Using our kitchen scraps, yard trimmings and biodegradable trash for compost is becoming more and more common these days, and that’s a great thing. We are putting a little less pressure on our landfills and learning to be productive rather than wasteful. We are taking something previously thought of as garbage, a most of undervalued resource, and creating compost. We are turning and layering, balancing carbon and nitrogen, filling our bins and waiting for that magic day when it becomes dark, crumbly, and ready.
When that day comes, however, do we know exactly what it is we are supposed to do with the compost? Do we plant directly in it? Do we fill our planters with it? Is it a fertilizer or soil? Can we use it with seedlings? Where exactly does the compost go and just how much goes there? The answers to these questions would be handy to have when the time arrives for us to make use of all of that beautiful compost.
Mulching is very important in garden beds, as well as around young trees. Mulch protects the soil, preventing it from drying out as well as from eroding via wind or water. It also shelters integral microorganisms and soil life. It adds nutrients to the soil. When we mulch with compost, we really give our plants a boost.
The basics of mulching with compost aren’t all that difficult. Generally, we want to apply a layer somewhere around three inches thick. Start from the base of the plant and work the mulch out to about a foot from it. For young trees, mulching out to the drip line, where the branches end, is best.
Over time, the nutrients will leach into the soil and keep the garden well fed, which means we, in turn, will be well fed.
For folks trying to stretch the compost as much as possible, making a compost tea is probably the best bet. In this case, the process is kind of like making a giant mug (or bucket) of bubbling tea. Fill a cheesecloth or an old stocking or a bit of window screen with about a pound to a pound-and-a-half of compost. Put this in a bucket, fill it with chlorine-free water, and let it steep for three days.
Two important tips: First of all, the water needs to be free of chlorine, which will kill the bacteria in the compost. If using municipal water, it probably best to run an aquarium pump in it for about an hour before adding compost. As well, using an aquarium pump to aerate the tea insures that the organisms can breathe. Without this, the tea may become anaerobic and stinky. Then, it’s not good for plants.
After three days, strain the tea, now a liquid fertilizer, and apply it immediately (again, so the bacteria doesn’t die or get angry) by spraying it onto and beneath plants. It will inoculate the soil with all sorts of valuable nutrients and life, as well as strengthen the plants resistance to diseases and pests.
Compost can be a great component of potting mixes, but by no means should it compromise the whole thing. Potting mix have a few requirements to keep from becoming too compact, or lacking in nutrients, or getting water-logged, etc. But, without a doubt, a good organic compost can play a major role in creating a good potting mix, as well as maintaining its nutrient content.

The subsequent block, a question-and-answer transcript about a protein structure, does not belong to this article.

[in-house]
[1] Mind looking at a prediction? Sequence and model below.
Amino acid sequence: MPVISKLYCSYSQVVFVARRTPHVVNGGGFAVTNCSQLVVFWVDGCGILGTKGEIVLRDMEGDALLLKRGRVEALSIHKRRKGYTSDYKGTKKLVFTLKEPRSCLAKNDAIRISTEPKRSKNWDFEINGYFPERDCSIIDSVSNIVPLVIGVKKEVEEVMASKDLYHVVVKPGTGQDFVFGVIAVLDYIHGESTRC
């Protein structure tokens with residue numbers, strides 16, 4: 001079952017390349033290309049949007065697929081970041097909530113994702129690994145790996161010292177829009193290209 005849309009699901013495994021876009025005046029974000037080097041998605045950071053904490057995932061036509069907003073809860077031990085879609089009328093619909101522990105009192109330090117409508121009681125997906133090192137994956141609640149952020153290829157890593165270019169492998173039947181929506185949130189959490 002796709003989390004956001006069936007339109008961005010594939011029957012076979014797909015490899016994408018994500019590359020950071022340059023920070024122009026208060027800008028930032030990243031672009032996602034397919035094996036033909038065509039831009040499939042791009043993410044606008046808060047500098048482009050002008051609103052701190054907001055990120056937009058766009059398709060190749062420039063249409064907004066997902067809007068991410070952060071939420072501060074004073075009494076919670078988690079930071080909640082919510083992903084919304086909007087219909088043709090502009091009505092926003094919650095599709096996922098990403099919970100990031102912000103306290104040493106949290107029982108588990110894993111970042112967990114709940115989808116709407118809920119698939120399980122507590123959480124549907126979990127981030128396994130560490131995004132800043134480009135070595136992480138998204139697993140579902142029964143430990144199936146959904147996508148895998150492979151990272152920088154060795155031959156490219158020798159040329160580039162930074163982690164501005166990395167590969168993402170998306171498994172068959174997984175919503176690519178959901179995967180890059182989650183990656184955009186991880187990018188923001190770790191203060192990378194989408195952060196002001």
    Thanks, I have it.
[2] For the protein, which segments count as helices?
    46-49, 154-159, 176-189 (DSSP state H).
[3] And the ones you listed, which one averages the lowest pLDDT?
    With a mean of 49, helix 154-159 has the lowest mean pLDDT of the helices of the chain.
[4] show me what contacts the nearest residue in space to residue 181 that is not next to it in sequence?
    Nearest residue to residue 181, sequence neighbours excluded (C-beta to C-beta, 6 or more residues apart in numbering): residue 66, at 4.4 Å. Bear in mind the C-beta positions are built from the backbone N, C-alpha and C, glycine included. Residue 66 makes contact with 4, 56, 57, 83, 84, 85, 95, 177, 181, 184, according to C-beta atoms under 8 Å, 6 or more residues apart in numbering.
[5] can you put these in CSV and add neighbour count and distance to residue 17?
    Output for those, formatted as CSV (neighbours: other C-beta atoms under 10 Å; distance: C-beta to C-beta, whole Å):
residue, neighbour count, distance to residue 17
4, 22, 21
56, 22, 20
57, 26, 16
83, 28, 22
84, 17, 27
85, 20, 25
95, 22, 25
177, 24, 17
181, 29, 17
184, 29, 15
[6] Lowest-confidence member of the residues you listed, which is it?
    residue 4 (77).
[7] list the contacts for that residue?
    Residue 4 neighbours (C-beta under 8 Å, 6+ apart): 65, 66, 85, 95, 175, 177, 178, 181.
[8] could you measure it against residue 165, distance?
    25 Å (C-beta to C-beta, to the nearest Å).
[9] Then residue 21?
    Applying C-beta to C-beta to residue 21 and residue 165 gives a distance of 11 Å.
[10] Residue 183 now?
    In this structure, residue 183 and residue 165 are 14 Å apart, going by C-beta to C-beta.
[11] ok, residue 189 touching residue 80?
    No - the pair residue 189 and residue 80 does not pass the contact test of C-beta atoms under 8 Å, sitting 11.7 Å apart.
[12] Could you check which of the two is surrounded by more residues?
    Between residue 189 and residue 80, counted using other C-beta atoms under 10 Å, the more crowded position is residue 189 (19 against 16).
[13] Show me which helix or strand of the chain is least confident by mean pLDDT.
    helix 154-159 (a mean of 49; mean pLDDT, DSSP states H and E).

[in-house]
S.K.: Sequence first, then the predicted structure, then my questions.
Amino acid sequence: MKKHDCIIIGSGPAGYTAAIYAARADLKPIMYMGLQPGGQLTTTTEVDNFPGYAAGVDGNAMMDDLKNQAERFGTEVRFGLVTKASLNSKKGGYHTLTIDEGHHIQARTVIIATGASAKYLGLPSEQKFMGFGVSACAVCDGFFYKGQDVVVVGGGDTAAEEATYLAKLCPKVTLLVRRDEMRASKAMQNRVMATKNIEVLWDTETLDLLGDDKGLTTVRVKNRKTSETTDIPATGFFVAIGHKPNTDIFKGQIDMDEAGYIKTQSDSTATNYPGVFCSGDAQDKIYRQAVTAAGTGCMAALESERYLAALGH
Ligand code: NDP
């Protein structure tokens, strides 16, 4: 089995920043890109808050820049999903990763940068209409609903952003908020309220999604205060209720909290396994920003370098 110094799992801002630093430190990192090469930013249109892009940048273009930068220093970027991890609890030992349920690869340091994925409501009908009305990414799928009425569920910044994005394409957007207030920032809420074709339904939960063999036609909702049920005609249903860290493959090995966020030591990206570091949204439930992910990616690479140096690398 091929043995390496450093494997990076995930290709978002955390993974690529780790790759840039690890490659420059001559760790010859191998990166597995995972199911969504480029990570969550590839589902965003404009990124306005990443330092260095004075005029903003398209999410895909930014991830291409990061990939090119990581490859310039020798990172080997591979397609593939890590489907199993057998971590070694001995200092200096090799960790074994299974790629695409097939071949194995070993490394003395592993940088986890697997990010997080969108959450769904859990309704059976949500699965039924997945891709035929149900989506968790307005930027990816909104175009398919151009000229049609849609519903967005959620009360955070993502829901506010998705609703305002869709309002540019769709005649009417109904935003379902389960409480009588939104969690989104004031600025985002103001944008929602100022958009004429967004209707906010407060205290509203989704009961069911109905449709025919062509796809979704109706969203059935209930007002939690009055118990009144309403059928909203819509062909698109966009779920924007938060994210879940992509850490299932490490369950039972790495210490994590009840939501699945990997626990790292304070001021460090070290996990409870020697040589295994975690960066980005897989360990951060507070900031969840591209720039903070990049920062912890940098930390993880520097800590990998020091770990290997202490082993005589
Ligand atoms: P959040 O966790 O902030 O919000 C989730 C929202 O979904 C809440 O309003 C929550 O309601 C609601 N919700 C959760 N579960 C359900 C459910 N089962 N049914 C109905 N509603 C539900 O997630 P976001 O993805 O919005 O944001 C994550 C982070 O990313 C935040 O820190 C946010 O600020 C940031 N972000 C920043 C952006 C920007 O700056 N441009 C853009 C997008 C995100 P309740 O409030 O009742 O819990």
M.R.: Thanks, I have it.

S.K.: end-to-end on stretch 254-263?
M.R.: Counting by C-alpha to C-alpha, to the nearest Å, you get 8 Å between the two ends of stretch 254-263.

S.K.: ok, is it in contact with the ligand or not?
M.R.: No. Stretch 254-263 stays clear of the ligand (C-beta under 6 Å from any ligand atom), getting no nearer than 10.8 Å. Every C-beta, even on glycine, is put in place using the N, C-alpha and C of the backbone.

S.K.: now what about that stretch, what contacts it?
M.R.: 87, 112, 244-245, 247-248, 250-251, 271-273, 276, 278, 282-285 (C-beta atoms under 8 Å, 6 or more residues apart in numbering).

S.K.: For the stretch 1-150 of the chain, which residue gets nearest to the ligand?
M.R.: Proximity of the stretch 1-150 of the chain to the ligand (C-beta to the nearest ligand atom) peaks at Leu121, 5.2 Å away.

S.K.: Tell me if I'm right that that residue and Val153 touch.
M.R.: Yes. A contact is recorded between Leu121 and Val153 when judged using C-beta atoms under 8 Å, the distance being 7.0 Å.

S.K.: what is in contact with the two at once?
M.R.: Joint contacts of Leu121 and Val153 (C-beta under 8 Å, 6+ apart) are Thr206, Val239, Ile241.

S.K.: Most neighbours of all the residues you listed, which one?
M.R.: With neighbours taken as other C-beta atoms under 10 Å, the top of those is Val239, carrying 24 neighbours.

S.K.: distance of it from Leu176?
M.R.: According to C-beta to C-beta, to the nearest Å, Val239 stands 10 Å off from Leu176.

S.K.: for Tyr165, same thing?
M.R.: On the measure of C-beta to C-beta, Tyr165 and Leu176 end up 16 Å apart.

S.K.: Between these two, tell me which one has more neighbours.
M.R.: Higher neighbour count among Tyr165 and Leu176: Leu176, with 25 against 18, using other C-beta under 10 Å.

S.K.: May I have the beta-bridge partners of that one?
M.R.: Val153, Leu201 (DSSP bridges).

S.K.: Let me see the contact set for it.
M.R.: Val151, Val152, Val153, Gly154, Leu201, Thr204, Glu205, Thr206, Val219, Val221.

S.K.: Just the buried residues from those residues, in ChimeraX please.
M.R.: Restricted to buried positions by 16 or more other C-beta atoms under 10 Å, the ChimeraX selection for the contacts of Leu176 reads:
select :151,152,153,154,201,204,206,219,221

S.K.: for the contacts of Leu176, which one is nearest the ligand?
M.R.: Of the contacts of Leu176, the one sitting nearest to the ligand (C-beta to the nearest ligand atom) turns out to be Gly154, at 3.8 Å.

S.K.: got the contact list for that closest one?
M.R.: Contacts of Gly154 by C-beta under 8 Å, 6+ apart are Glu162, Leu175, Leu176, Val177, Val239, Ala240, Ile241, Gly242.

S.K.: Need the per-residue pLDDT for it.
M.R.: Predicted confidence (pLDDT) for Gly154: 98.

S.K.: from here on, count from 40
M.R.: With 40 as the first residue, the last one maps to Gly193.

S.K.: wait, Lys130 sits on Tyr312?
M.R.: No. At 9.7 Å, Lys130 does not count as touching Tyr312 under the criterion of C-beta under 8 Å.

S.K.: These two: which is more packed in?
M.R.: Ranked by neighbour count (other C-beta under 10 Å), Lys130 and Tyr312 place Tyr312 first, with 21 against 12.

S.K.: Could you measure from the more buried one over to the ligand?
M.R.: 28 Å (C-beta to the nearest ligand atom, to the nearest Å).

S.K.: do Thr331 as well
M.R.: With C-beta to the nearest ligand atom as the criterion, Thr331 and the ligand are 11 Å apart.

For a good potting mix, combine roughly one part of soaked coconut coir to an equal quantity vermiculite (perlite or coarse sand). Once this is mixed well, add another equal measurement of fully matured and sifted compost, which will help to provide nutrients for the plants, as well as retain moisture. Mix them well again, adding in whatever minerals, seaweed or organic fertilizers you might want (these are not necessary). Compost can be added atop the potting mix to mulch it and then later to feed it.
For more on how to do this at home, check out this quick but informative guide to making your own potting mixes.
Soil is the key to gardening. Compost is also often used to make garden beds, and though it’s best not to till every year as is commonly done in industrial agriculture, many gardeners like to enrich a few inches of topsoil when first constructed a garden bed. This can be done by incorporating about eight cubic feet — roughly 12 five-gallon buckets — of compost per 100 square feet of garden space.
With the compost at hand, turn the top five or six inches of soil, spreading the compost over it evenly then mixing it in. It’s important to minimize the amount of foot traffic on the bed, as this will compact the soil. Once the soil and compost is mixed well, cover it with a good layer of loose mulch, such as straw or wood shavings, to prevent it from drying out.
Then, with any garden bed, it’s good form to plant a multitude of different things, filling the bed up as much as possible so that the soil is never exposed. Instead, there is an abundance of plant life and hopefully food.
So, now it’s back to waiting for the next round of compost. Luckily, we know there’s always a good way to put it to use.
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